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Elections come hand in hand with violence

2018 saw numerous elections in the region: Afghanistan, Cambodia, Malaysia, South Korea, Mongolia, Pakistan, Bangladesh, and the Maldives.

Pakistan (near the bottom of the 3rd quartile) held some of the most violent elections in recent history. The Tehreek-e-Insaf party – headed by former national cricket captain, Imran Khan – won the July national elections, though opposition parties said the votes were rigged and that the military had been overly involved.[1]

Journalists reported being attacked by supporters of political parties in the lead-up to elections, as well as obstructions at polling stations on the day itself, and the military disrupted distribution of the Dawn newspaper.[2]

Pre-election violence went well beyond the media, claiming lives of voters and candidates alike.[3] Bomb attacks targeted several election rallies, including an assembly of the Balochistan Awami Party on 13 July, where 129 people were killed. The Islamic State claimed responsibility for the bombing, which was the country’s worst attack since 2014.[4]

Afghanistan (3rd quartile) continued to suffer violence amid poor security conditions for both citizens and journalists, in a crisis exacerbated by its 2018 elections. 16 journalists were killed in Afghanistan during 2018.[5] ISIS and the Taliban claimed responsibility for a number of attacks during the year.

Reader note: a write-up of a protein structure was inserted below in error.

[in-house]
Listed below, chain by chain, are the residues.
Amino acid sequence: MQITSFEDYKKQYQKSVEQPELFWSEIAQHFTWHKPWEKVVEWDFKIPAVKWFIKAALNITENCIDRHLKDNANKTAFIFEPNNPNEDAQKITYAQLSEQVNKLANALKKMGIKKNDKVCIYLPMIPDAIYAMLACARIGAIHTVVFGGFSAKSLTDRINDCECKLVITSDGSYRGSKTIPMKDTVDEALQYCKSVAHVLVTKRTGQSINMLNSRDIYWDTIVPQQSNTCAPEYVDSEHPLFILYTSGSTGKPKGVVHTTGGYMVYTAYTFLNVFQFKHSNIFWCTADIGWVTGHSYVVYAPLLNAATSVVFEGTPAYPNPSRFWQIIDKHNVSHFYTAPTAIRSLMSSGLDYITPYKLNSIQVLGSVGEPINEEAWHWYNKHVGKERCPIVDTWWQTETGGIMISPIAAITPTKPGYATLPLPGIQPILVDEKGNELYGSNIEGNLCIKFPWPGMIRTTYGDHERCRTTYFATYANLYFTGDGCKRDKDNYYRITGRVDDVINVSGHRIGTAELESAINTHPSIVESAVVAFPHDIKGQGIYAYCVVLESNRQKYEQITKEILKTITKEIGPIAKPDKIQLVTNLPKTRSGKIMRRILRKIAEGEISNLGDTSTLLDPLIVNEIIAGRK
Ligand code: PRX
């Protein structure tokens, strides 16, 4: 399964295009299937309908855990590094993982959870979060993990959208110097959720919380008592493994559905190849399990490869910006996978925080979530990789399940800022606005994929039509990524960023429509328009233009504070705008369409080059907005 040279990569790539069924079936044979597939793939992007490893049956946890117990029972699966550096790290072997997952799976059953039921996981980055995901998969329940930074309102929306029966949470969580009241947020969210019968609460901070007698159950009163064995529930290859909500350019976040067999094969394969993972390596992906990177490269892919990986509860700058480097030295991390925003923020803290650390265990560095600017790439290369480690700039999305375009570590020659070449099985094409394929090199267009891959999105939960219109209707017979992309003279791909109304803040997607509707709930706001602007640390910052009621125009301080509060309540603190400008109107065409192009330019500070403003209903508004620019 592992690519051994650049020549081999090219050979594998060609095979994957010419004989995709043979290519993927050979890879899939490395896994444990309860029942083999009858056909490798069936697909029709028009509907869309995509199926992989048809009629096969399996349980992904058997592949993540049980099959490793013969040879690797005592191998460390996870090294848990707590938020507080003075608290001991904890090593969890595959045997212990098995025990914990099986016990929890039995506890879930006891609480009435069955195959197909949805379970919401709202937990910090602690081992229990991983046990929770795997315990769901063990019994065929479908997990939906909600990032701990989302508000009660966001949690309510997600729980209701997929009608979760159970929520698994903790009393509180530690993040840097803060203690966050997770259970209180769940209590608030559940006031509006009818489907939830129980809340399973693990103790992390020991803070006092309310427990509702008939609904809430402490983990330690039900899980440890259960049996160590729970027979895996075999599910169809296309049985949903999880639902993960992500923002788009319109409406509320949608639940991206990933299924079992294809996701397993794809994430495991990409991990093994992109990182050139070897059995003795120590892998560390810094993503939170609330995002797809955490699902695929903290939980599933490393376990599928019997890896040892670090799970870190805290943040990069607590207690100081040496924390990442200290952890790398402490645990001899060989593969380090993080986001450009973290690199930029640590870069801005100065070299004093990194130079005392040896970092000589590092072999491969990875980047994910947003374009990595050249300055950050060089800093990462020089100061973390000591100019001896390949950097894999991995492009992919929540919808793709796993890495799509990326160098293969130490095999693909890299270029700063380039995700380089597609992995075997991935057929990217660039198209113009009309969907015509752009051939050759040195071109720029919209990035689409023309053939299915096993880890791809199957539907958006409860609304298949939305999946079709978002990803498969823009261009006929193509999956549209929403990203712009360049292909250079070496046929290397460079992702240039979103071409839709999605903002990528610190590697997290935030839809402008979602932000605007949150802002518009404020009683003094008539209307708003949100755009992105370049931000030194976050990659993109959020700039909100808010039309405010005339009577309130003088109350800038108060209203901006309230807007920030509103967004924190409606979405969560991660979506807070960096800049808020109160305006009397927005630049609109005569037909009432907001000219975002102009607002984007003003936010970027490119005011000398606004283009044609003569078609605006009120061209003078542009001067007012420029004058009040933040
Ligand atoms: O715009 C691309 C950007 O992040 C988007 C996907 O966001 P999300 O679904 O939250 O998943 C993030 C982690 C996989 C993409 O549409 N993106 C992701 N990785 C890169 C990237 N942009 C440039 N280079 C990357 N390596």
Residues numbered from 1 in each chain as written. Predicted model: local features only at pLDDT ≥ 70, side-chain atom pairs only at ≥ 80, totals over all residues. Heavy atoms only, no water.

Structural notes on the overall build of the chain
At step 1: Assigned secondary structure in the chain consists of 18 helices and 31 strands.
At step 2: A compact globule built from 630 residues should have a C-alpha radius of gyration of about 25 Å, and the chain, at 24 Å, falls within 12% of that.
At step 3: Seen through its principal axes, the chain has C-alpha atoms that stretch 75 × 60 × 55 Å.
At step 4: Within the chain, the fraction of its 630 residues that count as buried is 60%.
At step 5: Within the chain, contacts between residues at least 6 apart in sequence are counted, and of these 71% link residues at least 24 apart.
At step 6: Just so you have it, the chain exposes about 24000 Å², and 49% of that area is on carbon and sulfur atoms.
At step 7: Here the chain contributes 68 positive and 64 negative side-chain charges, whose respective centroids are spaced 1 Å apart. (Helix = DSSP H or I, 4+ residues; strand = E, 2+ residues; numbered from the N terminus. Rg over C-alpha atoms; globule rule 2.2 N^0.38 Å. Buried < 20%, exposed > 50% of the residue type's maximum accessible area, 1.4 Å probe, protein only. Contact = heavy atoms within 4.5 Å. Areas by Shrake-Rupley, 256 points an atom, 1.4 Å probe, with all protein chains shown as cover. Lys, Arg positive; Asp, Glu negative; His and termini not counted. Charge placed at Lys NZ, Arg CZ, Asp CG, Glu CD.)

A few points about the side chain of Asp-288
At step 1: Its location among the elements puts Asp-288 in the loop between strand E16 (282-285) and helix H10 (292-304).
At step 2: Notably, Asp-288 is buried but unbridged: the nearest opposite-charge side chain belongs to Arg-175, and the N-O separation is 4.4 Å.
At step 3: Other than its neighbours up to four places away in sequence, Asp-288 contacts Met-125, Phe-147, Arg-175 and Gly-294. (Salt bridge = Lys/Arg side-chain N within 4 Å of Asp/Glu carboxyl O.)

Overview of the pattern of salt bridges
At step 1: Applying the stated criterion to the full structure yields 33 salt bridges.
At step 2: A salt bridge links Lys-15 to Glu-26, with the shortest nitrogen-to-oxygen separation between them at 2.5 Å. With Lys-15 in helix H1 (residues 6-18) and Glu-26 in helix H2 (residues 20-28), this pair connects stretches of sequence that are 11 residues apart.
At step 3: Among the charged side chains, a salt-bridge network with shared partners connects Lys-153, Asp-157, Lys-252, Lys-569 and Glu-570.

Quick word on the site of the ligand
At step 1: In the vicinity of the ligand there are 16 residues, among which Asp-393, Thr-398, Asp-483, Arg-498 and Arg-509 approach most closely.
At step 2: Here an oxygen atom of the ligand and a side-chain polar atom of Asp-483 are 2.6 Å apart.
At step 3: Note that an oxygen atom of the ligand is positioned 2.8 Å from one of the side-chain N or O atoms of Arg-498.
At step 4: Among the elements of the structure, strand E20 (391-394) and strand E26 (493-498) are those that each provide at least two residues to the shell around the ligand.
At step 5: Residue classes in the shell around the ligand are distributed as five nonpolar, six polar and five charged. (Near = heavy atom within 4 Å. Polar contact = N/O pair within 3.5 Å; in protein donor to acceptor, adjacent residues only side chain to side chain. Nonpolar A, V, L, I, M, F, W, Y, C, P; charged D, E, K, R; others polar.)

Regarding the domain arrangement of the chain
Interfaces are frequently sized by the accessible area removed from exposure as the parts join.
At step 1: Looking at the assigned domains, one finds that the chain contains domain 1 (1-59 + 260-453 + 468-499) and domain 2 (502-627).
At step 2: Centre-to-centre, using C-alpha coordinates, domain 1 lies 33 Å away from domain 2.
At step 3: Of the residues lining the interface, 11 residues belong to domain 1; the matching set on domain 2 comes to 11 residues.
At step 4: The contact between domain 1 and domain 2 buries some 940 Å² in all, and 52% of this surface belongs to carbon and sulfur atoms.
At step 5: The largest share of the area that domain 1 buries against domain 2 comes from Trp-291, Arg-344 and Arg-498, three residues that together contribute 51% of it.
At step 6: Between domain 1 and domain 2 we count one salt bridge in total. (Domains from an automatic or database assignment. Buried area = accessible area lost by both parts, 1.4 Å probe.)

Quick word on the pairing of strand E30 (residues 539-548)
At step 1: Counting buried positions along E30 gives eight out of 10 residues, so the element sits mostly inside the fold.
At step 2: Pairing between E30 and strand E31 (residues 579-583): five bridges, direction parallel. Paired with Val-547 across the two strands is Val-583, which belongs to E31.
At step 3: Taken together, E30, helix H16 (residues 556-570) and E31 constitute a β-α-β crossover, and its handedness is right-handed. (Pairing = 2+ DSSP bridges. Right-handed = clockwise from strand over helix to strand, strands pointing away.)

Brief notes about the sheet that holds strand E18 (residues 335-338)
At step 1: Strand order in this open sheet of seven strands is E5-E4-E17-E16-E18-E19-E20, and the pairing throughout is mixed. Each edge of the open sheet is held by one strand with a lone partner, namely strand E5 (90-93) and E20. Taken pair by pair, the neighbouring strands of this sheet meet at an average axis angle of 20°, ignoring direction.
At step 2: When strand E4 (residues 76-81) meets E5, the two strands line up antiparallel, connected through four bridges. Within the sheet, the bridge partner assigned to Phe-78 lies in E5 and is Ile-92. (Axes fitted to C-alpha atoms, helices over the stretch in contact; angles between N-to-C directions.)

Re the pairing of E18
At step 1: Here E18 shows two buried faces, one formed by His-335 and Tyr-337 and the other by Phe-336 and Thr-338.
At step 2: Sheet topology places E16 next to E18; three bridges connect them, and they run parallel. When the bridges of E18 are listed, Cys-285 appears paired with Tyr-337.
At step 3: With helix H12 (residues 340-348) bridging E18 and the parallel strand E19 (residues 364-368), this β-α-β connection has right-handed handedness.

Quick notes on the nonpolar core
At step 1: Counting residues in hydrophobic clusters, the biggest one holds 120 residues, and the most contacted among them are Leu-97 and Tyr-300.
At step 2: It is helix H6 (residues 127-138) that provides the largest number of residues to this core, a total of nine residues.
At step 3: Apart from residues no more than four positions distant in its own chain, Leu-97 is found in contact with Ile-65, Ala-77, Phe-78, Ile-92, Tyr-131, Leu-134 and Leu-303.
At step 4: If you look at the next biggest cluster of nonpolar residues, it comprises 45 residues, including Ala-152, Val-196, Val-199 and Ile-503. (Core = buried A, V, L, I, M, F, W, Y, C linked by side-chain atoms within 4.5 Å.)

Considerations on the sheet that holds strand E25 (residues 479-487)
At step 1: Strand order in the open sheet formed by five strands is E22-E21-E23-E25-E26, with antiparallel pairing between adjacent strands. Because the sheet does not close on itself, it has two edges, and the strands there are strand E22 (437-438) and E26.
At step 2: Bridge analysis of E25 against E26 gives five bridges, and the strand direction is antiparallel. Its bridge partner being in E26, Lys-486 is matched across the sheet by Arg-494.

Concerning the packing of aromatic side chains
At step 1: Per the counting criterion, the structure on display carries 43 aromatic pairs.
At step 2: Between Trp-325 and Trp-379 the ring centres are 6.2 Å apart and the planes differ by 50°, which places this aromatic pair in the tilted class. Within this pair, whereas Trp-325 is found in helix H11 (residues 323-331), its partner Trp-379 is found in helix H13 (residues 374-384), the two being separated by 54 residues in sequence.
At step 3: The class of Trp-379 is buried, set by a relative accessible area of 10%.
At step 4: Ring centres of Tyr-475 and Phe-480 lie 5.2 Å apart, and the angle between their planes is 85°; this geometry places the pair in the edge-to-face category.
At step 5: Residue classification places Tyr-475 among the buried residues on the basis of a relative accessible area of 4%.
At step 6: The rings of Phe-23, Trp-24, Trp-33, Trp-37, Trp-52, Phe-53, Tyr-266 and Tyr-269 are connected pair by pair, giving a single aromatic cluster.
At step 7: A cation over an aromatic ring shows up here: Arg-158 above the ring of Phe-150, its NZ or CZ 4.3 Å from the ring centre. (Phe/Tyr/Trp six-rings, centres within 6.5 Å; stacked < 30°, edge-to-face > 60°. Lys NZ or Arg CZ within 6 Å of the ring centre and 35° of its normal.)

On 30 April, a double suicide bombing – perpetrated by militants posing as members of the press to target the media – killed nine journalists and injured eight in capital city Kabul. Hours later, an unidentified gunman in Khōst (a city in the south of the country) killed another journalist.

Violence is worsening in Afghanistan. Its perpetrators range from extremist groups to police and security forces, and even private militias, which politicians and provincial strongmen create and arm. Though their function is to resist opposition groups, including the Taliban, these militias pose another threat to the media, and even collaborate with the Taliban – especially in Ghōr province, where they destroyed two radio stations in 2018.[6]

 

[1] Freedom House, Freedom in the World 2019, available at https://freedomhouse.org/report/freedom-world/freedom-world-2019

[2] Committee to Protect Journalists, Pakistani Authorities Disrupt Distribution of Dawn Newspaper, 22 May 2018, available at https://cpj.org/2018/05/pakistani-authorities-disrupt-distribution-of-dawn.php

[3] Anas Saleem, ‘Bombings in Pakistan ahead of elections kill 170, thwarting hopes of a peaceful vote’, Global Voices, 18 July 2018, available at https://globalvoices.org/2018/07/18/bombings-in-pakistan-ahead-of-elections-kill-170-thwarting-hopes-of-a-peaceful-vote/

[4] Asad Hashim, ‘133 dead after two separate attacks on Pakistan political rallies’, Al Jazeera, 14 July 2018, available at https://www.aljazeera.com/news/2018/07/attack-election-rally-southwest-pakistan-kills-20-180713123256161.html

[5] UNESCO, UNESCO Observatory of Killed Journalists: Afghanistan, 2019, available at https://en.unesco.org/themes/safety-journalists/observatory/country/223649

[6] Reporters without Borders, Who Persecutes Journalists in Afghanistan?, 18 May 2018, available at https://rsf.org/en/news/who-persecutes-journalists-afghanistan

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